New National Survey Finds 2 Percent of Liberian Adults Have HIV;
Fertility and Child Deaths Have Declined
July 13, 2007


The 2007 Liberia Demographic and health Survey (LDHS) was conducted by the Liberia Institute of Statistics and Geo-Information Services (LISGIS), Ministry of Health & Social Welfare (MOH) and National AIDS Control Program (NACP), with data collection, processing and editing lasting from late December 2006 to July 2007. A nationally representative sample of over 7,000 households was selected for the 2007 LDHS. All women and men aged 15-49 years in these households were eligible to be individually interviewed and were asked to provide a blood sample for HIV testing. The blood samples were dried and carried to the National Laboratory of the Ministry of Health and Social Welfare on the JFK Hospital compound in Monrovia where they were tested for the Human Immunodeficiency Virus (HIV) and the completed questionnaires were taken to LISGIS office in Monrovia for processing.

The 2007 LDHS was designed to provide data to monitor the population and health situation in Liberia. Specifically, the 2007 LDHS collected information on educational level, WATSAN, households amenities, construction materials of the household structure in the structures, fertility levels, marriage, sexual activity, fertility preferences, awareness and use of family planning methods, breastfeeding practices, nutritional status of women and young children, childhood and maternal mortality, maternal and child health, domestic violence, awareness and behavior regarding HIV/AIDS and other sexually transmitted infections, etc.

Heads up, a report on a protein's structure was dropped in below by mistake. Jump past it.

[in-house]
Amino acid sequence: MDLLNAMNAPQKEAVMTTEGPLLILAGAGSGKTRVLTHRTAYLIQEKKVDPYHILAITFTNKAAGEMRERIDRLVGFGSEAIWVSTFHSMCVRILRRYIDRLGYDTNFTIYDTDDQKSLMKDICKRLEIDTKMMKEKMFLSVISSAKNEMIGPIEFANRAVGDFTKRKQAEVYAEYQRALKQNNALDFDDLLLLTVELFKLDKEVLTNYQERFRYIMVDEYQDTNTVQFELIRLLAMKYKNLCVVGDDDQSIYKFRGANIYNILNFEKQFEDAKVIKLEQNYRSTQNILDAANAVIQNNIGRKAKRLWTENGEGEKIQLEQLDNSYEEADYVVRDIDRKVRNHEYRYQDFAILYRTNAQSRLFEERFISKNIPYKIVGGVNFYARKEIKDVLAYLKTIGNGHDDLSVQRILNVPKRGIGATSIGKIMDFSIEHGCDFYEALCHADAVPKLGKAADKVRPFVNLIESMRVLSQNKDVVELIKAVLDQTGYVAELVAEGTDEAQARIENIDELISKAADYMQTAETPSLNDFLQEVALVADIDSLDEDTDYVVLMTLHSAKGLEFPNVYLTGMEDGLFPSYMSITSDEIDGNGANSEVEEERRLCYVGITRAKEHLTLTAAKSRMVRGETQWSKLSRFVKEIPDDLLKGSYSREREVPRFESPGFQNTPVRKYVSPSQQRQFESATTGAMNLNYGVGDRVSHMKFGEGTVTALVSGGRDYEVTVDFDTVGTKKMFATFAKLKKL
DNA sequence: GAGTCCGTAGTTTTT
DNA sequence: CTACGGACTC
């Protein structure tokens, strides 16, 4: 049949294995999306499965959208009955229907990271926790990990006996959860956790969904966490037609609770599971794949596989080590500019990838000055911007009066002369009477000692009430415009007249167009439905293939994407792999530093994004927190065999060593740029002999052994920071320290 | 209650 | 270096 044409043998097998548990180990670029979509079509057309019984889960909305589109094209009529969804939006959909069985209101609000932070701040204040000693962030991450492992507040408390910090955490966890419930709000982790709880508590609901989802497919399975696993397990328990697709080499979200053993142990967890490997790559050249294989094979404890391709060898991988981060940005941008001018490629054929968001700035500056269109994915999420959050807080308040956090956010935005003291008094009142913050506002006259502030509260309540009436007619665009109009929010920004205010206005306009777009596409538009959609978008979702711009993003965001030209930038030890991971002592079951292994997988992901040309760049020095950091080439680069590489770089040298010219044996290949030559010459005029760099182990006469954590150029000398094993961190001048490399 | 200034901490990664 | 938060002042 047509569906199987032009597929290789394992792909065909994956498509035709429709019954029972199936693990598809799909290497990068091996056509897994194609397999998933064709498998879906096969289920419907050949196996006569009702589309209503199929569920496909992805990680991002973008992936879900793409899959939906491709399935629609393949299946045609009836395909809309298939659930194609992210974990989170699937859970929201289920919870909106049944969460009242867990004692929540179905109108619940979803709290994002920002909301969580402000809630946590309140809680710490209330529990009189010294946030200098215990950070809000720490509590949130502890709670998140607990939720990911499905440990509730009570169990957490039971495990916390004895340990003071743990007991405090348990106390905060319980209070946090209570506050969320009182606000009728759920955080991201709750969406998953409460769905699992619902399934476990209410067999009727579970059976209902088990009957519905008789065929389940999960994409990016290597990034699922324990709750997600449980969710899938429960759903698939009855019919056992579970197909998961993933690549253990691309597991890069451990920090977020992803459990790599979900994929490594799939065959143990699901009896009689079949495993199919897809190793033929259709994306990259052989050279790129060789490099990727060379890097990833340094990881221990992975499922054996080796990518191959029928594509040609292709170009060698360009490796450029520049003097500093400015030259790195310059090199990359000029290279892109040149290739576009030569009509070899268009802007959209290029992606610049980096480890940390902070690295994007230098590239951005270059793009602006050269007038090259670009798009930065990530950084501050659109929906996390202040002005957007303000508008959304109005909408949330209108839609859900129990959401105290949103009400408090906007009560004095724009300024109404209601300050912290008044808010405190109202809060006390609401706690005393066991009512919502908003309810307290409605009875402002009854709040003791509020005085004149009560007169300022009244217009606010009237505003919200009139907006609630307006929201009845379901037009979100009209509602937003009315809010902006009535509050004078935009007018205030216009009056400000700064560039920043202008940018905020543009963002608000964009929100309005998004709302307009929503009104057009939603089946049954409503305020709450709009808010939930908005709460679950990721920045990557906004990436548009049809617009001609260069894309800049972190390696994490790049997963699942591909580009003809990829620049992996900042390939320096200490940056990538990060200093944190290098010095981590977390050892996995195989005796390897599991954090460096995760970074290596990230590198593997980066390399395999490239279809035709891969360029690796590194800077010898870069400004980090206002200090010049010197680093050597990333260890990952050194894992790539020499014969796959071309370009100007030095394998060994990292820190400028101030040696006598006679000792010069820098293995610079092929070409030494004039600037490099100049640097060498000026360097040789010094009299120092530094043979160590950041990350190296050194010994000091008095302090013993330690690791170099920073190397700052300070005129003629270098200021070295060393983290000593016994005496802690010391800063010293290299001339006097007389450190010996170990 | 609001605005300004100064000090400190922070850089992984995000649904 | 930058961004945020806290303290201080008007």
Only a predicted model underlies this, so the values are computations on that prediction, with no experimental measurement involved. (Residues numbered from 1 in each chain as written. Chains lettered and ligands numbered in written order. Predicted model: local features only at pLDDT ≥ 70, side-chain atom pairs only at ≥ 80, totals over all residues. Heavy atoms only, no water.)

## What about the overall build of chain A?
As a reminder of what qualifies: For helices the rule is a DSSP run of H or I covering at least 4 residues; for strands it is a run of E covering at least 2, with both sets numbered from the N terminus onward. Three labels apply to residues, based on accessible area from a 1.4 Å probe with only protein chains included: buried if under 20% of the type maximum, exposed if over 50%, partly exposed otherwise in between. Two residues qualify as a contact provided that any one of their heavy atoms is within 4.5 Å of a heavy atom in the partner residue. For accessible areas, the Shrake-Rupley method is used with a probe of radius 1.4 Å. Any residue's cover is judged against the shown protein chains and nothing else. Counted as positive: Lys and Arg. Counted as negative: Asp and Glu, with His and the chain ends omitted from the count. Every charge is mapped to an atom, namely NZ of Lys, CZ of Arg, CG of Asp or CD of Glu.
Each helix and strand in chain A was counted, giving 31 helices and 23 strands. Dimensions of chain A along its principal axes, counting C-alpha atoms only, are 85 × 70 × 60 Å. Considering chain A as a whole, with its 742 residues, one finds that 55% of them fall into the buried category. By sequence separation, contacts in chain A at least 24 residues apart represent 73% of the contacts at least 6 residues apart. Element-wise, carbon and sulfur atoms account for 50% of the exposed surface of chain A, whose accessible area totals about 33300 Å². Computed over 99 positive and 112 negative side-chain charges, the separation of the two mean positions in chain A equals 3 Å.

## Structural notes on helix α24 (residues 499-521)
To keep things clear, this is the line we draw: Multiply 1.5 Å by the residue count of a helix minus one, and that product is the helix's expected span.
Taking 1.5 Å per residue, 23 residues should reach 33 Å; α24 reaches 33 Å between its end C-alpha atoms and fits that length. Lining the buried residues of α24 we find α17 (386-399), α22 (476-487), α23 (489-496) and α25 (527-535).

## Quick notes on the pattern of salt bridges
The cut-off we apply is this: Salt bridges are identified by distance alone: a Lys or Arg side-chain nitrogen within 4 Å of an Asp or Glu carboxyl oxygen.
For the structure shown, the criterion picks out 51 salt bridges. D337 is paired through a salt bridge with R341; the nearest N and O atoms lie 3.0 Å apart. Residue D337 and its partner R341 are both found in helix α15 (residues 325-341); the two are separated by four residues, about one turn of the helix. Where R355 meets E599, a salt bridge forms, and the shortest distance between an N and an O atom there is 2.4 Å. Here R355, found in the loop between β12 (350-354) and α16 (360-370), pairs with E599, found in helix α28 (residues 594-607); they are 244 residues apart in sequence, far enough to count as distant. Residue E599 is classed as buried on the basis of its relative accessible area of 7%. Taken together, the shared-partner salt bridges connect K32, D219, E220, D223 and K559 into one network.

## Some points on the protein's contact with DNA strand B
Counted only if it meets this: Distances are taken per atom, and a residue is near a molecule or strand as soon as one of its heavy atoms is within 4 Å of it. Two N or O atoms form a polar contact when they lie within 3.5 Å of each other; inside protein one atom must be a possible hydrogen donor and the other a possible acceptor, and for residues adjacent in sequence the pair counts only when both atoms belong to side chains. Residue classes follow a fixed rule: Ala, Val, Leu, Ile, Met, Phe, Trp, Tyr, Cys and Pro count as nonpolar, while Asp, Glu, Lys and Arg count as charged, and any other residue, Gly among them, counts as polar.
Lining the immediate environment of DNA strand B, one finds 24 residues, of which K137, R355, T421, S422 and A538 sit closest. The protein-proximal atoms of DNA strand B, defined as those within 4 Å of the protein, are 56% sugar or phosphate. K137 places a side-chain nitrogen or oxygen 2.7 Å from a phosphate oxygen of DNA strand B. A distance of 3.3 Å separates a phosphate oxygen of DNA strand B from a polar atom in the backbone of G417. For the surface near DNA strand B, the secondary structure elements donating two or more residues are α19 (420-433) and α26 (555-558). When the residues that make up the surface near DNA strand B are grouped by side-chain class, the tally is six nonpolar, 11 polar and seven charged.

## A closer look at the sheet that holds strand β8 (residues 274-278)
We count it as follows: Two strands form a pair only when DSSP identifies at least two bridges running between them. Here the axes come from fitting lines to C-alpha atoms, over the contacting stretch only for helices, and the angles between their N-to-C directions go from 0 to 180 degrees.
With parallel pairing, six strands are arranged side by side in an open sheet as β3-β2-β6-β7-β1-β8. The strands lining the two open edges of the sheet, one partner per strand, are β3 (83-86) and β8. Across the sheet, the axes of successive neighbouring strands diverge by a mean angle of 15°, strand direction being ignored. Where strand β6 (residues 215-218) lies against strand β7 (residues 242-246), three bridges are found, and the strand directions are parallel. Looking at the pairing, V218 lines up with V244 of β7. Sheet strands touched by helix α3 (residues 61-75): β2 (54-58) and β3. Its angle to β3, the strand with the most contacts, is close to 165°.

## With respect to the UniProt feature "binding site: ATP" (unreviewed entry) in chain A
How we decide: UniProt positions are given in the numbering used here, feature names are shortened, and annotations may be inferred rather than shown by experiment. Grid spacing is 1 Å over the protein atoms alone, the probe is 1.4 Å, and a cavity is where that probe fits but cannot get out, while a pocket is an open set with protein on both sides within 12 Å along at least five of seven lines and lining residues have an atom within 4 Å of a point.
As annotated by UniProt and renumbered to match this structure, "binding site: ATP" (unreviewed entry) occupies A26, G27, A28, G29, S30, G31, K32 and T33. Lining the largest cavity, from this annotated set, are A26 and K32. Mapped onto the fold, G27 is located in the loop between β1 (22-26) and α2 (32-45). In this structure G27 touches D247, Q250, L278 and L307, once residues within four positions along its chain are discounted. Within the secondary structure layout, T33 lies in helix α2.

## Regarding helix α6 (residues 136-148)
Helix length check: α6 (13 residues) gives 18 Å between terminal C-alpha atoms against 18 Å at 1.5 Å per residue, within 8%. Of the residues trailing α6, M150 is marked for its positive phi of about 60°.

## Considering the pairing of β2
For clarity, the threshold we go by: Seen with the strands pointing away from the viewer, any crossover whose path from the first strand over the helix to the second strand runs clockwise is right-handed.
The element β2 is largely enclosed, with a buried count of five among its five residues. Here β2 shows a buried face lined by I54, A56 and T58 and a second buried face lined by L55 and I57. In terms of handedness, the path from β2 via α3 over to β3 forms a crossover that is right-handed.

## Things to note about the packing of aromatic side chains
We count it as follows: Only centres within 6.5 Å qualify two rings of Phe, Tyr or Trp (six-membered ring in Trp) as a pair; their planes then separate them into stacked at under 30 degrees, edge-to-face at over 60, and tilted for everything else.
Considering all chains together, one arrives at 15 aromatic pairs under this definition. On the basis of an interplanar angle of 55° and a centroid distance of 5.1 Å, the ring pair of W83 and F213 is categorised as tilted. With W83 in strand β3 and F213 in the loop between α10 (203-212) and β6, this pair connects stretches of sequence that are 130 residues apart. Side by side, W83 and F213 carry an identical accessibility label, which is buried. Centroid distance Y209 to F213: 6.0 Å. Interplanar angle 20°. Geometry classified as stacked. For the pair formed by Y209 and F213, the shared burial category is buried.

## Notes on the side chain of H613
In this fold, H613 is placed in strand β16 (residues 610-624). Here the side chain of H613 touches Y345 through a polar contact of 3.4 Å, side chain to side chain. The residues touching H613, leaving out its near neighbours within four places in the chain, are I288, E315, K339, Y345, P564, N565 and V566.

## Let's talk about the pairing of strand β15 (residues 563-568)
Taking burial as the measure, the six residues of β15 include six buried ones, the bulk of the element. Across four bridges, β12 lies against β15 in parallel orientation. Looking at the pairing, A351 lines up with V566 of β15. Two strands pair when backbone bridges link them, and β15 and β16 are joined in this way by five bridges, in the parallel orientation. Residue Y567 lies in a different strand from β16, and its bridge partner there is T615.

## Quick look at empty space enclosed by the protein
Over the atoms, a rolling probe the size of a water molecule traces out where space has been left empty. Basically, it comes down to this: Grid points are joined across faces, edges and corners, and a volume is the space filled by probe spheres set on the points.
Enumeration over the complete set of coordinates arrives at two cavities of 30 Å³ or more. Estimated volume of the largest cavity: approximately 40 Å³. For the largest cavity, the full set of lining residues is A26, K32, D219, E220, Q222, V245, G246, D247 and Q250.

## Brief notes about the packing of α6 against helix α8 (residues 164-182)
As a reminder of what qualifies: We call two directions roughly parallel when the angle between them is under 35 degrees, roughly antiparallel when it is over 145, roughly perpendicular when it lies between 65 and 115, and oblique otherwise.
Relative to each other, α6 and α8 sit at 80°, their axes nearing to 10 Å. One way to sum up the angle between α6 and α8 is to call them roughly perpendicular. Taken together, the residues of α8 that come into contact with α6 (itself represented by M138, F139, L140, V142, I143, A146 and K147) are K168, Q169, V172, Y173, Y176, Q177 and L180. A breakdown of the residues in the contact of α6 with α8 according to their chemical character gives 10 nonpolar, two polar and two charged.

This preliminary report presents the results of some selected key indicators from the survey. A comprehensive report of the findings of the survey will be published in early 2008. While considered provisional, the results presented here are not expected to differ significantly from those to be presented in the detailed report. However, more indicators will be generated and published while those that will not be published can be obtained upon request.

Response Rates

The survey result shows a total of 7,471 heads of household were selected in the sample, of which 6,824 were successfully interviewed, yielding a head of household response rate of 97 percent. The shortfall is largely due to households that were away for an extended period of time and structures that were found to be vacant or destroyed after the enumeration area (EA) identification and household listing.